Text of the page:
The European Central Bank has called an unscheduled meeting of its governing council to discuss the recent sell-off in bond markets, raising the prospect it could announce a new tool to tackle surging borrowing costs in weaker eurozone economies.
The ECB said: “The governing council will have an ad hoc meeting on Wednesday to discuss current market conditions.”
The move raised investor expectations that it was preparing to announce a policy instrument to prevent the recent sell-off in bonds of certain countries from triggering another debt crisis in the region.
The euro reversed some of its losses, rising 0.5 percentage points against the dollar to $1.0475 early on Wednesday, after the ECB statement was reported by newswires.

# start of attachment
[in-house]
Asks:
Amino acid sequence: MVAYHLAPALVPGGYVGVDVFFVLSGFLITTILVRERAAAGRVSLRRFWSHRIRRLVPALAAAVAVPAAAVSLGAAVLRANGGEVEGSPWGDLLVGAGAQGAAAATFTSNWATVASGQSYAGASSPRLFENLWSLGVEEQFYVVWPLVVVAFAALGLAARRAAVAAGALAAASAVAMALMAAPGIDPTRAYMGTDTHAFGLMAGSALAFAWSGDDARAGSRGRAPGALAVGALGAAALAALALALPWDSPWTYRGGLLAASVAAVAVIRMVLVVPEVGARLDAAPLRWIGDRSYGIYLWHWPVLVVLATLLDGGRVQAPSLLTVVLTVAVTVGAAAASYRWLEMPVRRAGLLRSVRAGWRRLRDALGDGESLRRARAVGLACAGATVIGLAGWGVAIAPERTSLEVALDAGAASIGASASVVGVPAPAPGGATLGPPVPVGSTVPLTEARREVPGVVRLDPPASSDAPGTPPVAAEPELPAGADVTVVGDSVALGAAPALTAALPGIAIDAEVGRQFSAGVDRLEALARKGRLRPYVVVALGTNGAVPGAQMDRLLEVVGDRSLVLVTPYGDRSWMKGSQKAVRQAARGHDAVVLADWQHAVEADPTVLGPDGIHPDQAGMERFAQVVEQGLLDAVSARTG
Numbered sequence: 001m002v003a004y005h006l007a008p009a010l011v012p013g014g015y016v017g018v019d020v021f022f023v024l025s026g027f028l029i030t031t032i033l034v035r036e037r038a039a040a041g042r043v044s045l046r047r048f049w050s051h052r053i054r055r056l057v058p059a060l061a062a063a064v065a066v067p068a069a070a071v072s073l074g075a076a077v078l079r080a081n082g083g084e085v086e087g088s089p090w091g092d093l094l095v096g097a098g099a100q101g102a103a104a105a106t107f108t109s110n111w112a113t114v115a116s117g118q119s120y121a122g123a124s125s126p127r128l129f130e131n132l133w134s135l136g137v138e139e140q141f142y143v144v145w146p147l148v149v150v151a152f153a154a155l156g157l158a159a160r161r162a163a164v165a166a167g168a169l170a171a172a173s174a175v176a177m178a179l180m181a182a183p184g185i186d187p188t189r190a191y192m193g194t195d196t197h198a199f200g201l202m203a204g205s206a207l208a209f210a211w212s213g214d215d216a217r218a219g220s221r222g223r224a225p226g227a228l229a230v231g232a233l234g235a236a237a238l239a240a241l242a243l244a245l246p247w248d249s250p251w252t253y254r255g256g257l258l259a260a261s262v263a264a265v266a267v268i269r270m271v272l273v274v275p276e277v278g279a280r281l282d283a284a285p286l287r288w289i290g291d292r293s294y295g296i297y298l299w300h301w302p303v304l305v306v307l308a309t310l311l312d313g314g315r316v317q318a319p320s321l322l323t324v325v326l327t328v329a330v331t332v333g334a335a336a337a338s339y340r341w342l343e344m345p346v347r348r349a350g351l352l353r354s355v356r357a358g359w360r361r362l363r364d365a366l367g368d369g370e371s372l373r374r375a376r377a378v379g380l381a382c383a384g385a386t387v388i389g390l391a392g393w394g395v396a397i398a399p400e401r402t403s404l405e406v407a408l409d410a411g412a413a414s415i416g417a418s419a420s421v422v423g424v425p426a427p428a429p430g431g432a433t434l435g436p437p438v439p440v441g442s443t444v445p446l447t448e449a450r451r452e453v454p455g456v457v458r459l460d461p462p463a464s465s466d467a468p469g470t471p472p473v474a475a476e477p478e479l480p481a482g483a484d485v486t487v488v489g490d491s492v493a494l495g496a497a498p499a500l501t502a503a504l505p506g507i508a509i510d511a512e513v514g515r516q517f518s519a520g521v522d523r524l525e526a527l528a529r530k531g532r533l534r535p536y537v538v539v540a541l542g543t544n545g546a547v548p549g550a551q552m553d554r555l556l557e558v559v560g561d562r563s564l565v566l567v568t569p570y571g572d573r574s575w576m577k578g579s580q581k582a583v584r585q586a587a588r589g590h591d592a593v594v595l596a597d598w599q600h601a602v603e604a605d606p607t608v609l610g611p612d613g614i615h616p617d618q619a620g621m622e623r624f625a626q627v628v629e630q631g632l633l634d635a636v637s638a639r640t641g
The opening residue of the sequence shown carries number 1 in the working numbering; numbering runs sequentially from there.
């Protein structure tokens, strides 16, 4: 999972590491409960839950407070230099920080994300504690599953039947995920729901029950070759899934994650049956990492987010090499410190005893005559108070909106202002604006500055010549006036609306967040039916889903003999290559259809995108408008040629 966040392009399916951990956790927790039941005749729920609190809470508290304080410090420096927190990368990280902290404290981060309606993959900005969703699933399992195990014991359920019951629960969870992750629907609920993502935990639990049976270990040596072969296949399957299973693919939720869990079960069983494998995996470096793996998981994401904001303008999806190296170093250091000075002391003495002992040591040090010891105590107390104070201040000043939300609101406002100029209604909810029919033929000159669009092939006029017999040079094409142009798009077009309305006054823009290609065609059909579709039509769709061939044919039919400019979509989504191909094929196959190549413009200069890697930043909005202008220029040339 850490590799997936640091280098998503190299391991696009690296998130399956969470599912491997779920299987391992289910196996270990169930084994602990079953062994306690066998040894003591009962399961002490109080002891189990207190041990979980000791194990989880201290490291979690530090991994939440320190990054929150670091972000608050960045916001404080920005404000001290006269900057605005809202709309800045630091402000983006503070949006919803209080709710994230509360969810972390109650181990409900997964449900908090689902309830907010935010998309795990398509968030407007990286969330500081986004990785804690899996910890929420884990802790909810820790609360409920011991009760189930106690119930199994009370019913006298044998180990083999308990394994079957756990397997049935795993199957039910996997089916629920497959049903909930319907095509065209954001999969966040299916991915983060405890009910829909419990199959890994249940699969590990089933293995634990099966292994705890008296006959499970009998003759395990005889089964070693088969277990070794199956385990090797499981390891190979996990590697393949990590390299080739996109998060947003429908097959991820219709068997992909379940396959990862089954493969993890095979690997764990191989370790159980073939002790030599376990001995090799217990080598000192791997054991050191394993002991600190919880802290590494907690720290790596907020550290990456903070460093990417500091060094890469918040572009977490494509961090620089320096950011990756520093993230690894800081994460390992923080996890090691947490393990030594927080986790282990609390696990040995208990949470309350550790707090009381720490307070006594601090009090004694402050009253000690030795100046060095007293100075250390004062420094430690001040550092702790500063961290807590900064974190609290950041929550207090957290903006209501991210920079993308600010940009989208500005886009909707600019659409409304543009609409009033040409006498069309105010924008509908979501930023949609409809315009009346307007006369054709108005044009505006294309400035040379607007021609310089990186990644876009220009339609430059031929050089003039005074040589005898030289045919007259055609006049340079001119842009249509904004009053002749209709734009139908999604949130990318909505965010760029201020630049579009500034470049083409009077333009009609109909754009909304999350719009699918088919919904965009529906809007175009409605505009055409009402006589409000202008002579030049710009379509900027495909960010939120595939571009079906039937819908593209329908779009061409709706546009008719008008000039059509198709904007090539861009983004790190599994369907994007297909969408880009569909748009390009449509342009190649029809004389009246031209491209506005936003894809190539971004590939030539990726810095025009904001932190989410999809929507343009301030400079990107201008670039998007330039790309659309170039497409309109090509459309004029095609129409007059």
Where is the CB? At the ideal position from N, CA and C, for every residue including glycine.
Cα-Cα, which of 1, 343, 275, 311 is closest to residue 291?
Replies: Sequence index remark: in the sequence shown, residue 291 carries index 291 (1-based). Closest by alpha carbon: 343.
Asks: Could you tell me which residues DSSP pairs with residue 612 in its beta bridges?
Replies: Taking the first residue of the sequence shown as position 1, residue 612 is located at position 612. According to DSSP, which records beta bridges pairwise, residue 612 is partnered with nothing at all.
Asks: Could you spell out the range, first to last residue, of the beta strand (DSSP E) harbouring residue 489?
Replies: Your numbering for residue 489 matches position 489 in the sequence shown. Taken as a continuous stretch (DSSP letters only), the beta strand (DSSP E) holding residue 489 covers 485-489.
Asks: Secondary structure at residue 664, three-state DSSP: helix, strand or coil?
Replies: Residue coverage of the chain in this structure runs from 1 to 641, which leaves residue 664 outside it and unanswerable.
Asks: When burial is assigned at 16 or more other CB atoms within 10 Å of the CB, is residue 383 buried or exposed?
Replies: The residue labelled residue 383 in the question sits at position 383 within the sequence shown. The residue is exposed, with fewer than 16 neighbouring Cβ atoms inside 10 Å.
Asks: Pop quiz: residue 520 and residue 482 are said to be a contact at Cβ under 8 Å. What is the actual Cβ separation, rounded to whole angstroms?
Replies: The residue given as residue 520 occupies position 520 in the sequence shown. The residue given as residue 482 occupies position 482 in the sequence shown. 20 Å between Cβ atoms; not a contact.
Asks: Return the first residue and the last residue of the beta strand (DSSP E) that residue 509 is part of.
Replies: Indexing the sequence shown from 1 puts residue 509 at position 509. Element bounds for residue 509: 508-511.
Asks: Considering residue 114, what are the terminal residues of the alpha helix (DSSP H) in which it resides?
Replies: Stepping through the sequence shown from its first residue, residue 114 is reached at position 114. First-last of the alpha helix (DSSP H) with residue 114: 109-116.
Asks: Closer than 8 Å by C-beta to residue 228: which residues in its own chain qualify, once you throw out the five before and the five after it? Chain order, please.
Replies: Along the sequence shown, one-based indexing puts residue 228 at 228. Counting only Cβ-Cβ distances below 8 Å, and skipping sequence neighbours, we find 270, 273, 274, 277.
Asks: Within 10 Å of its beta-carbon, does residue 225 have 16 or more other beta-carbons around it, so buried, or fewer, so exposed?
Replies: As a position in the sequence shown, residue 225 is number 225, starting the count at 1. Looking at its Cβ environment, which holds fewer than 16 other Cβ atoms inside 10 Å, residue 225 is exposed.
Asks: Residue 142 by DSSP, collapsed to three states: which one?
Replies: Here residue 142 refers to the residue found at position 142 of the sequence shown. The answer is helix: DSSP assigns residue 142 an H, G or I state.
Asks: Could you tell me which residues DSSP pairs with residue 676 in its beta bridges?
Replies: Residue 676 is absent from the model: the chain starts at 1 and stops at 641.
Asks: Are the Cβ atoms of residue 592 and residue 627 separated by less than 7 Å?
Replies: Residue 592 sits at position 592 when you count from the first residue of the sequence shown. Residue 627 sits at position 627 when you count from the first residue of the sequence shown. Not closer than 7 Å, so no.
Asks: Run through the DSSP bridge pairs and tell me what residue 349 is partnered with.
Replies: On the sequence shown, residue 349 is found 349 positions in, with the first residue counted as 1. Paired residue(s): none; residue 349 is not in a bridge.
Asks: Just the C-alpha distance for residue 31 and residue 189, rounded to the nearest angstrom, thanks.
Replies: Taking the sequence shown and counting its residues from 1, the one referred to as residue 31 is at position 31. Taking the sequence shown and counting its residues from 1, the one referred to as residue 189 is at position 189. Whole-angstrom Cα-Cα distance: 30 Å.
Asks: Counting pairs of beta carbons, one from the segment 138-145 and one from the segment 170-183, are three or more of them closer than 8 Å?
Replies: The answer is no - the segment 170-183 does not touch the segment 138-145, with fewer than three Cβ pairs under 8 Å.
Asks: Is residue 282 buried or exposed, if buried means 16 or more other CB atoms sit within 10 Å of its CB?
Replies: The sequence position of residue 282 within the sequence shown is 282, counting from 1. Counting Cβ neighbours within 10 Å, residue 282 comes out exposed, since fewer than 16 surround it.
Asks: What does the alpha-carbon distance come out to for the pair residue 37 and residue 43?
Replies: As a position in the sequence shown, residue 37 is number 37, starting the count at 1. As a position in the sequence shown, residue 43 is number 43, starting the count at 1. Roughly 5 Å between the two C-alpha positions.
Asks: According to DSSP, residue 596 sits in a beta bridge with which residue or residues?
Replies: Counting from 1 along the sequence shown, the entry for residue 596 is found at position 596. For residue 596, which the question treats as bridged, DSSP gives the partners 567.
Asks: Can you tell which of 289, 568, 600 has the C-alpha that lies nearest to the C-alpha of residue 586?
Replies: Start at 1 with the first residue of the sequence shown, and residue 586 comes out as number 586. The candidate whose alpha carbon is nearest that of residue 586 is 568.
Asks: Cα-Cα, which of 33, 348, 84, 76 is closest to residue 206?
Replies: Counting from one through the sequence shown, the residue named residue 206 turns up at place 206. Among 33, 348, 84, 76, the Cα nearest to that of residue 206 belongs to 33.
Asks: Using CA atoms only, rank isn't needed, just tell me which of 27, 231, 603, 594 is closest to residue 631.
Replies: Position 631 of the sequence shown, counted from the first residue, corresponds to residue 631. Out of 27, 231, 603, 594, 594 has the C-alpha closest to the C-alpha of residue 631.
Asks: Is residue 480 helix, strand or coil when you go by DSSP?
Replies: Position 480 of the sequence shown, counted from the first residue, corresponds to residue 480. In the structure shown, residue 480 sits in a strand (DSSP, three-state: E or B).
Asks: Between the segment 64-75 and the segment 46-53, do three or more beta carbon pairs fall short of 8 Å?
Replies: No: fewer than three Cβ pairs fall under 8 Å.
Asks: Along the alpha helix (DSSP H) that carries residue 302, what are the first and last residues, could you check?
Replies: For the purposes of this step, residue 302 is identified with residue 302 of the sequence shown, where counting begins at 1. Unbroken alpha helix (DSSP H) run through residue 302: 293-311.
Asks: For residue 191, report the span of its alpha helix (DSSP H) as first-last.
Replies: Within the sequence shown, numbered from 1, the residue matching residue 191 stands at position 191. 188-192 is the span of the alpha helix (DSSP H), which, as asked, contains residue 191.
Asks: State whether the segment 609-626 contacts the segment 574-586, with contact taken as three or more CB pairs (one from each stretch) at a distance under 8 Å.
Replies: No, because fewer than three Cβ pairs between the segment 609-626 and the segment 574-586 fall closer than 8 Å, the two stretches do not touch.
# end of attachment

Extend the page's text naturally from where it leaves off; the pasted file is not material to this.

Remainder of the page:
Borrowing costs for heavily indebted countries such as Italy and Spain have shot to eight-year highs, since the ECB last week signalled an end to the ultra-loose monetary policy of the past decade by announcing plans to stop buying more bonds and to start raising interest rates.
The gap between Italian and German borrowing costs — the so-called spread — has widened to 2.4 percentage points, double last year’s level and up from about 2 percentage points before last week’s ECB meeting.
ECB executive board member Isabel Schnabel indicated in a speech on Tuesday evening that the central bank was getting closer to the point where it would intervene in bond markets, saying “some borrowers have seen significantly larger changes in financing conditions than others since the start of the year”.
She added: “Such changes in financing conditions may constitute an impairment in the transmission of monetary policy that requires close monitoring.”